A standard die has the numbers 1, 2 and 3 are opposite 6, 5 and 4 respectively so that opposite faces add to 7? If you make standard dice by writing 1, 2, 3, 4, 5, 6 on blank cubes you will find. . . .
Choose any two numbers. Call them a and b. Work out the arithmetic mean and the geometric mean. Which is bigger? Repeat for other pairs of numbers. What do you notice?
Use the interactivity to listen to the bells ringing a pattern. Now
it's your turn! Play one of the bells yourself. How do you know
when it is your turn to ring?
How many different ways can I lay 10 paving slabs, each 2 foot by 1
foot, to make a path 2 foot wide and 10 foot long from my back door
into my garden, without cutting any of the paving slabs?
Some puzzles requiring no knowledge of knot theory, just a careful
inspection of the patterns. A glimpse of the classification of
knots and a little about prime knots, crossing numbers and. . . .
Given a 2 by 2 by 2 skeletal cube with one route `down' the cube.
How many routes are there from A to B?
A huge wheel is rolling past your window. What do you see?
Can you discover whether this is a fair game?
A blue coin rolls round two yellow coins which touch. The coins are
the same size. How many revolutions does the blue coin make when it
rolls all the way round the yellow coins? Investigate for a. . . .
Can you see how this picture illustrates the formula for the sum of
the first six cube numbers?
The picture illustrates the sum 1 + 2 + 3 + 4 = (4 x 5)/2. Prove the general formula for the sum of the first n natural numbers and the formula for the sum of the cubes of the first n natural. . . .
Show that among the interior angles of a convex polygon there
cannot be more than three acute angles.
Can you cross each of the seven bridges that join the north and south of the river to the two islands, once and once only, without retracing your steps?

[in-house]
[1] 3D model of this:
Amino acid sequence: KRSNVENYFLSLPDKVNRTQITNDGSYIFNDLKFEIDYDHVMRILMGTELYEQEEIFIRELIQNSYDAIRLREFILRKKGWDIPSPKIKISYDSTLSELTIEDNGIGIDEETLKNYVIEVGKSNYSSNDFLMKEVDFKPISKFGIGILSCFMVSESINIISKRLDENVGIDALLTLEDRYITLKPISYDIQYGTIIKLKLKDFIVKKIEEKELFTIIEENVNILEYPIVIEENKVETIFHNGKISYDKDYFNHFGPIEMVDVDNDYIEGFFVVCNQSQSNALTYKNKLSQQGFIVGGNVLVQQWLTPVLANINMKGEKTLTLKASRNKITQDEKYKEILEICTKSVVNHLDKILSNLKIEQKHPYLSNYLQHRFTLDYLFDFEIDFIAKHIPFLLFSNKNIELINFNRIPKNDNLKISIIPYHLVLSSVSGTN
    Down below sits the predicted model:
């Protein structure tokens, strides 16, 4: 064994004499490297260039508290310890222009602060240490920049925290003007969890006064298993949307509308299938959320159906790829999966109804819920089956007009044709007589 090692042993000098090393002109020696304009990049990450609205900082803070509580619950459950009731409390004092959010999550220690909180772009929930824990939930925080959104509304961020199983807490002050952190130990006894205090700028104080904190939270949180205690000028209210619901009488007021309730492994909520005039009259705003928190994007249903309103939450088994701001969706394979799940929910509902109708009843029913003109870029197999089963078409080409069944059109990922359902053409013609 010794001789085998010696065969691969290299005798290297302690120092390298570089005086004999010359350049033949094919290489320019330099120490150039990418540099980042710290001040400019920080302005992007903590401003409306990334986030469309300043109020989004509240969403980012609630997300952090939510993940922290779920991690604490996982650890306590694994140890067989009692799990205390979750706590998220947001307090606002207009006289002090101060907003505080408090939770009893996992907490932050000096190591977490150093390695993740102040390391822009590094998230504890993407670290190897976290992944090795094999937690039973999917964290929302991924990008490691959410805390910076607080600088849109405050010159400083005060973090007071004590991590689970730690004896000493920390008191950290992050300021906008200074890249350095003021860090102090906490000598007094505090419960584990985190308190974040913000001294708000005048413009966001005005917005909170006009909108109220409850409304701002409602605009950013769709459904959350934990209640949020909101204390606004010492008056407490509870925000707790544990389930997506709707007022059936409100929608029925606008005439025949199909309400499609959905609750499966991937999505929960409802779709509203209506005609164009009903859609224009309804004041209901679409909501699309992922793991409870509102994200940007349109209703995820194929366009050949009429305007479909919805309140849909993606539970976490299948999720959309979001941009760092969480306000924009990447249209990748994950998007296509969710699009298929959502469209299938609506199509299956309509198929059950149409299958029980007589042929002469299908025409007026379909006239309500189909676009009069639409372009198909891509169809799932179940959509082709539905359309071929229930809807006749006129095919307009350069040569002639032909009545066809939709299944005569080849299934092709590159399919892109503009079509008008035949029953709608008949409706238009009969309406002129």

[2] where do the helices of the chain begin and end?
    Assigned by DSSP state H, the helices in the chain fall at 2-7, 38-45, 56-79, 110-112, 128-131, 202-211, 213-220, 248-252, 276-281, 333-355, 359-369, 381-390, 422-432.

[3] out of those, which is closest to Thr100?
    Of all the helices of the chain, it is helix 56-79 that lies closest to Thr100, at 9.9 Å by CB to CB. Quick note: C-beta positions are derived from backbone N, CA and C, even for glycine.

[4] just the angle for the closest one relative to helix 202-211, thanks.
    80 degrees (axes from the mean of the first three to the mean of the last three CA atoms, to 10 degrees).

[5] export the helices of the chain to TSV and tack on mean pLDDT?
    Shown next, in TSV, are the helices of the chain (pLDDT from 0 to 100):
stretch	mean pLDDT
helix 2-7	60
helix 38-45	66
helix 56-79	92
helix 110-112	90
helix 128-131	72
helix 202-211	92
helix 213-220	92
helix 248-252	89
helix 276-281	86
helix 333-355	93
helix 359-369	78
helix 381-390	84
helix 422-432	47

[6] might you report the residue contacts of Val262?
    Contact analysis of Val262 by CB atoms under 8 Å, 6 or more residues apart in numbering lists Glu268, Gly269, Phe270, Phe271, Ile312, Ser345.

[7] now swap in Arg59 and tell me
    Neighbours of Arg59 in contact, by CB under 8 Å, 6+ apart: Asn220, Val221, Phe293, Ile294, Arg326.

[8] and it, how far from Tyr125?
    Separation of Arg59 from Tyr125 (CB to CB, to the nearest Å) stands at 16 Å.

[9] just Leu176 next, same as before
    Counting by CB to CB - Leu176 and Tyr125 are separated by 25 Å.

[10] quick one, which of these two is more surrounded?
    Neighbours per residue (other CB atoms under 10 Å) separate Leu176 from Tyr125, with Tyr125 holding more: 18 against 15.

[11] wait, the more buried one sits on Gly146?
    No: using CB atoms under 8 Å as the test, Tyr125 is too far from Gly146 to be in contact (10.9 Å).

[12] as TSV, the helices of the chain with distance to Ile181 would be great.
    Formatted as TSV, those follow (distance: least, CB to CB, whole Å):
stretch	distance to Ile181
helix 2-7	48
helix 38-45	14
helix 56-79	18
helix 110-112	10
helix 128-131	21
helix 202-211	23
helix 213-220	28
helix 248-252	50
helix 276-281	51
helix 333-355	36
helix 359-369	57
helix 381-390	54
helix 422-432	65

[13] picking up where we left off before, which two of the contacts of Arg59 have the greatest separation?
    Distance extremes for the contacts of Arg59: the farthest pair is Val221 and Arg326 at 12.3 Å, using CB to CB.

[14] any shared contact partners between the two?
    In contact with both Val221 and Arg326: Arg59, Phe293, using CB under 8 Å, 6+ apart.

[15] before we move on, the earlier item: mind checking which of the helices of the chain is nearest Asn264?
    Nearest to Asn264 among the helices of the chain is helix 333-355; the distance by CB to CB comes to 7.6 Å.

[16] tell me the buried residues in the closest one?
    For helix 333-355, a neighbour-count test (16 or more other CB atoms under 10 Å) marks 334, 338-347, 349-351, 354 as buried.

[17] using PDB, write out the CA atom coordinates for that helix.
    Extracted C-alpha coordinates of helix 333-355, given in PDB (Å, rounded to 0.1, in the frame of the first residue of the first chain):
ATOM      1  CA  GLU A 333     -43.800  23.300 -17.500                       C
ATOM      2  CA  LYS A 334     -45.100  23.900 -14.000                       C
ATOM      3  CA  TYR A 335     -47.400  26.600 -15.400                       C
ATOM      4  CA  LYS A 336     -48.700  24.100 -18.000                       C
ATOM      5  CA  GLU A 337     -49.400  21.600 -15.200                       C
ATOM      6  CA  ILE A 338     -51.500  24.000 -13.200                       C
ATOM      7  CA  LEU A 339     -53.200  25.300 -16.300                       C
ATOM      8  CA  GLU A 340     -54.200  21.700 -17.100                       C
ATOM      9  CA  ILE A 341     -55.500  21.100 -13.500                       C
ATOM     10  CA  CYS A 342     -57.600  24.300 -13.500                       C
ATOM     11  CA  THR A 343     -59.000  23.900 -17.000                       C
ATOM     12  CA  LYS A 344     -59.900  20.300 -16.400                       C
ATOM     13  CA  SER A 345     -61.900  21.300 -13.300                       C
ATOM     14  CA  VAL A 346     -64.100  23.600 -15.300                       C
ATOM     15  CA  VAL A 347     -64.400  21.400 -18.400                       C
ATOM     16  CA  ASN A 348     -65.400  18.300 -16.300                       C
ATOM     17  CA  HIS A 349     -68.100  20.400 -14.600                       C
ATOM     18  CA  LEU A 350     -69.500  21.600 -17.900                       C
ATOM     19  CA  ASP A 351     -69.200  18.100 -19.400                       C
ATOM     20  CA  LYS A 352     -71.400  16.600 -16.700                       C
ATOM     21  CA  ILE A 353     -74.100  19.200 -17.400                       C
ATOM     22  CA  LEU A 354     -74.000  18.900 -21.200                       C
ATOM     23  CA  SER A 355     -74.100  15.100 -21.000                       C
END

Imagine starting with one yellow cube and covering it all over with
a single layer of red cubes, and then covering that cube with a
layer of blue cubes. How many red and blue cubes would you need?
Use the animation to help you work out how many lines are needed to draw mystic roses of different sizes.
How could Penny, Tom and Matthew work out how many chocolates there
are in different sized boxes?
Some students have been working out the number of strands needed for different sizes of cable. Can you make sense of their solutions?
If you can copy a network without lifting your pen off the paper and without drawing any line twice, then it is traversable.
Decide which of these diagrams are traversable.
Three frogs hopped onto the table. A red frog on the left a green in the middle and a blue frog on the right. Then frogs started jumping randomly over any adjacent frog. Is it possible for them to. . . .
ABC is an equilateral triangle and P is a point in the interior of
the triangle. We know that AP = 3cm and BP = 4cm. Prove that CP
must be less than 10 cm.
Draw a pentagon with all the diagonals. This is called a pentagram.
How many diagonals are there? How many diagonals are there in a
hexagram, heptagram, ... Does any pattern occur when looking at. . . .
Triangle numbers can be represented by a triangular array of squares. What do you notice about the sum of identical triangle numbers?
An irregular tetrahedron is composed of four different triangles.
Can such a tetrahedron be constructed where the side lengths are 4,
5, 6, 7, 8 and 9 units of length?
Mathematics is the study of patterns. Studying pattern is an
opportunity to observe, hypothesise, experiment, discover and
Is it possible to rearrange the numbers 1,2......12 around a clock
face in such a way that every two numbers in adjacent positions
differ by any of 3, 4 or 5 hours?
What would be the smallest number of moves needed to move a Knight
from a chess set from one corner to the opposite corner of a 99 by
99 square board?